/ 27 January 2006

Power swing indicates opposition split

The swing of power to the African National Congress in municipal by-elections since 2004 — in which the Democratic Alliance lost 20 seats nationally — is an indication that the opposition is splintering, with the DA losing to smaller parties such as the Independent Democrats, the Minority Front (MF) and the Freedom Front Plus.

Independent Electoral Commission statistics show that 37 wards have changed hands in by-elections between April 2004 and October 2005. The ANC lost two municipal seats and won 33, while the DA won control of only one seat.

The DA lost control of most of its wards in the Northern Cape as well as seven in the Western Cape, which were previously New National Party strongholds. The DA failed to retain this support base after the NNP split from the DA in 2002.

The loss of a crucial seat to the ANC in the Cape Metropole was a heavy blow to the DA, but the party’s mayoral candidate Helen Zille says it does not signal a move to the ANC so much as a split in the opposition. “There was no swing towards the ANC. The ANC took the ward because there was divided opposition in 2004.”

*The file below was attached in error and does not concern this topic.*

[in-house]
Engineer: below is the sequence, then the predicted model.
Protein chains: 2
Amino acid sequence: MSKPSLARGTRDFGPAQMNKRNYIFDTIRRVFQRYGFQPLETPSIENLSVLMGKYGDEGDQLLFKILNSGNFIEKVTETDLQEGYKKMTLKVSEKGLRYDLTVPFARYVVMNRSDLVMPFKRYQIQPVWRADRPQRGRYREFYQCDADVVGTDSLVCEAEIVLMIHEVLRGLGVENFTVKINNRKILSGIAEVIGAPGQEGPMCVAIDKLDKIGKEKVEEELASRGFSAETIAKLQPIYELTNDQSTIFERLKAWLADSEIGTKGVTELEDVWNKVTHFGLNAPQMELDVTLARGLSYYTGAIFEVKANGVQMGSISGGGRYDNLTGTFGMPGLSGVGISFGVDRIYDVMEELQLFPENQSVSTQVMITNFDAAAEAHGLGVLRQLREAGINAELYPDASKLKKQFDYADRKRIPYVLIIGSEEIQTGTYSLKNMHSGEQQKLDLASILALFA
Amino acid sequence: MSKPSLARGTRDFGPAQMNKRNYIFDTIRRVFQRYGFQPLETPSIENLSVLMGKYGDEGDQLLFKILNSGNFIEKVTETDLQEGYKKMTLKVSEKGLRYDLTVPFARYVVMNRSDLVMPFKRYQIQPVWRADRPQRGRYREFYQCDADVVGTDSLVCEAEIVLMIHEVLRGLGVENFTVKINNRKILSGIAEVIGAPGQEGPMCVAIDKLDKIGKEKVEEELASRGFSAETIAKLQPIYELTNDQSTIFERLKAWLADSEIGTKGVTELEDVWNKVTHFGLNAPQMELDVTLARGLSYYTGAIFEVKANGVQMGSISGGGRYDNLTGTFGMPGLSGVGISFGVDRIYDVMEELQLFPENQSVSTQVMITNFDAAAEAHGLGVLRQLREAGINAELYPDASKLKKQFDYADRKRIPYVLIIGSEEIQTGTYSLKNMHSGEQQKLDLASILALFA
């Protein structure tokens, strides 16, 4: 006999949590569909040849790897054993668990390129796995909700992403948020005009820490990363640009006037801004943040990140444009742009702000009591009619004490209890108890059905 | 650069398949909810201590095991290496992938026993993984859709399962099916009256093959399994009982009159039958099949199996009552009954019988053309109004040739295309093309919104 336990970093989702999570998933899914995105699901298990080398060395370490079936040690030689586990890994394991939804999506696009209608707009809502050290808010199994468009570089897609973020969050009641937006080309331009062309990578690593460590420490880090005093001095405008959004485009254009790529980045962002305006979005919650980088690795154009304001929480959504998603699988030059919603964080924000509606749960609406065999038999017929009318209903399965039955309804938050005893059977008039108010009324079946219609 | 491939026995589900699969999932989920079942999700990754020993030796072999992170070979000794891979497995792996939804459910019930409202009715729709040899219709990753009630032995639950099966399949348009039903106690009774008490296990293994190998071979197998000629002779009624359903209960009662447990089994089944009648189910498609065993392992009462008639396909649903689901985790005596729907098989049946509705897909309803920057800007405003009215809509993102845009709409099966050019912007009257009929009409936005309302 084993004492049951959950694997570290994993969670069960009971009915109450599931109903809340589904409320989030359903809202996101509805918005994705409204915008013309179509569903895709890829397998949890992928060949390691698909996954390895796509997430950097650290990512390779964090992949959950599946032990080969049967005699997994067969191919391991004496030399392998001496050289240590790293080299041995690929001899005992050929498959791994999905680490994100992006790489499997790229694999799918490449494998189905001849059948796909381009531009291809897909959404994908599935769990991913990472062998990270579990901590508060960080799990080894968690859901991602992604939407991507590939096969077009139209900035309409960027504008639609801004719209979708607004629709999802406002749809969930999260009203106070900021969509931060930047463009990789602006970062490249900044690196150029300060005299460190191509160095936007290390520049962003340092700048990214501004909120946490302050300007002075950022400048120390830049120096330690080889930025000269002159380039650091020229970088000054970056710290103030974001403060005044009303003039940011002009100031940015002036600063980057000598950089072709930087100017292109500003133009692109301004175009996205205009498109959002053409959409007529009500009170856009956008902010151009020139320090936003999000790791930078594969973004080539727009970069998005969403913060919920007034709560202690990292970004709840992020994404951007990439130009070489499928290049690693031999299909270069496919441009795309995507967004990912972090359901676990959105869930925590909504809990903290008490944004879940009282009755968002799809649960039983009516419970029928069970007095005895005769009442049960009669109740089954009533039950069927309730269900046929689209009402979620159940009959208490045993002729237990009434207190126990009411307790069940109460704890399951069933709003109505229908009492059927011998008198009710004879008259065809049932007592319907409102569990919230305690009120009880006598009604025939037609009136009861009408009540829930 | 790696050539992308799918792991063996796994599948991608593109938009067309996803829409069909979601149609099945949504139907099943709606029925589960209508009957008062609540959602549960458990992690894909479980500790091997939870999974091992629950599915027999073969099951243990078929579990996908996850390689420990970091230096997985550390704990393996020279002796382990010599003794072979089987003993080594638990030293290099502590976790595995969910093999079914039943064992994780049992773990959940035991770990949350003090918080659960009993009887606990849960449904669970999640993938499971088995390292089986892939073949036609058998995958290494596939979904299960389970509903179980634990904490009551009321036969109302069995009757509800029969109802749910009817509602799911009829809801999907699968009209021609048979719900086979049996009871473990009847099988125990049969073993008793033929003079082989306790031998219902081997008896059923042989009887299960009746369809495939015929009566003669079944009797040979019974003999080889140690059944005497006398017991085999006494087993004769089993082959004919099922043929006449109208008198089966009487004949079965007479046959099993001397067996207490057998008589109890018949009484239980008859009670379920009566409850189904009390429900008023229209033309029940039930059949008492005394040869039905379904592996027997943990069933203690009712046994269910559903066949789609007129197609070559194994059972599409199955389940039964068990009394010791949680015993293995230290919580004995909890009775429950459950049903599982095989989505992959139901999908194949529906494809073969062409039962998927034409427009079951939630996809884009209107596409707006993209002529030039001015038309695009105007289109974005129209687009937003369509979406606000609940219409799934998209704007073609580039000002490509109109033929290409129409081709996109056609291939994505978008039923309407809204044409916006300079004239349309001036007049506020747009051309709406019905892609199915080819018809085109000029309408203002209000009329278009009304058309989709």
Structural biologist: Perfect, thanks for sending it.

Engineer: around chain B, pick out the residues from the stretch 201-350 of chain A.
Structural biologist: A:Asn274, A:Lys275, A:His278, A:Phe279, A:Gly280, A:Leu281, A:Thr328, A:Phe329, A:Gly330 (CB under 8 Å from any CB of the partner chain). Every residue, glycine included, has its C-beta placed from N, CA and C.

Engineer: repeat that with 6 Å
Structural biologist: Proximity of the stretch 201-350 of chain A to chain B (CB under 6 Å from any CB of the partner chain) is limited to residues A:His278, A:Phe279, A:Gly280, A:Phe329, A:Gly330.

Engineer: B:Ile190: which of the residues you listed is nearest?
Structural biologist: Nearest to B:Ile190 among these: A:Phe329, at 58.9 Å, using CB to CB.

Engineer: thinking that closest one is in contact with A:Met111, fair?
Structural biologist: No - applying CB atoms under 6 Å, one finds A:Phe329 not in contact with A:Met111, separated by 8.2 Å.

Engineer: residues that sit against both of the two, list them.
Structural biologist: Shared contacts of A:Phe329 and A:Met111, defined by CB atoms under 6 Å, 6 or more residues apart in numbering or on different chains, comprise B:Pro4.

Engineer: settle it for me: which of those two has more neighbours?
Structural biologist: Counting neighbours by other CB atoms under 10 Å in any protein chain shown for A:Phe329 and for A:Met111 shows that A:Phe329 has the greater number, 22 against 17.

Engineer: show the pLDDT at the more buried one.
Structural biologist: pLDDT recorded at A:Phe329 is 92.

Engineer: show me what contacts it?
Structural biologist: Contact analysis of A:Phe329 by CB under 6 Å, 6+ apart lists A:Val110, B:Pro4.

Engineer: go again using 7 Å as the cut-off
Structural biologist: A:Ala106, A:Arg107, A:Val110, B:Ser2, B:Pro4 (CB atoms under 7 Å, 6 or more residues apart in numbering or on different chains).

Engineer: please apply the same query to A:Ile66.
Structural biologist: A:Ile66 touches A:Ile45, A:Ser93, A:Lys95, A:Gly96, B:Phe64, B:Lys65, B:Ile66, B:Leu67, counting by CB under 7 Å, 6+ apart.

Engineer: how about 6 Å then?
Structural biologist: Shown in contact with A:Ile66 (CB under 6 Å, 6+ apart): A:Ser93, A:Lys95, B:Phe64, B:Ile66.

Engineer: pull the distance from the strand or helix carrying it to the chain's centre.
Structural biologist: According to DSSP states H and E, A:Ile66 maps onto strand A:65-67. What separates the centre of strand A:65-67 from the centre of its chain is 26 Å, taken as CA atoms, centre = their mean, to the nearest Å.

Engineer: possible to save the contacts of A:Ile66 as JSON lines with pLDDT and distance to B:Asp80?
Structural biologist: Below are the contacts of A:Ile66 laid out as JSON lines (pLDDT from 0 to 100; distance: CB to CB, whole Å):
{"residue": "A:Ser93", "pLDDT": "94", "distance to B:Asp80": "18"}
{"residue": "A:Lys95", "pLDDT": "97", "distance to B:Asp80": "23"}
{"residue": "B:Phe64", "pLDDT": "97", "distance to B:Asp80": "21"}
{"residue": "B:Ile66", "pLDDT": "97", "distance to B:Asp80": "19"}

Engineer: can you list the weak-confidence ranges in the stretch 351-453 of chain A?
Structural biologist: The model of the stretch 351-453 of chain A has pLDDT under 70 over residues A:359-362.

But, Western Cape ANC chairperson James Ngculu says the DA’s failure to control seats in the Western Cape is because “some people saw the DA for what it is. They are good at making slogans about poverty, unemployment and safety, and they take advantage of rural areas and squatter camps where people are socially dislocated.”

Minority parties such as the MF and the FF Plus have made inroads in areas where party politics have a strong ethnic base. The predominantly Afrikaans area of Vereeniging swung to the FF Plus away from the DA, as did a predominantly Indian ward in Durban in favour of the MF.

Political analyst Sanusha Naidoo says the driving force behind the rise of ethnic parties may be dissatisfaction with service delivery. She says the MF win in Durban disproves the notion that Indians are apathetic voters. In the Eastern Cape, the United Democratic Movement was the biggest loser to the ANC, which won five seats in the hotly contested King Sabata Dalindyebo Municipality in Umtata.

In the North West, the ANC lost a seat to the ID, which, says ID spokesperson Herold Mcgluwa, indicated the “people are fed up” with the ruling party. Political analyst Derek Davids says the reasons for the by-election upsets are varied, but may be caused by a range of socio-political issues, such as workers whose jobs are far from their homes making it difficult to register or vote.

Siyabonga Memela of the Institute for Democracy in South Africa says another contributing factor is that voters usually change their choice of candidate or party depending on how the previous candidate has performed.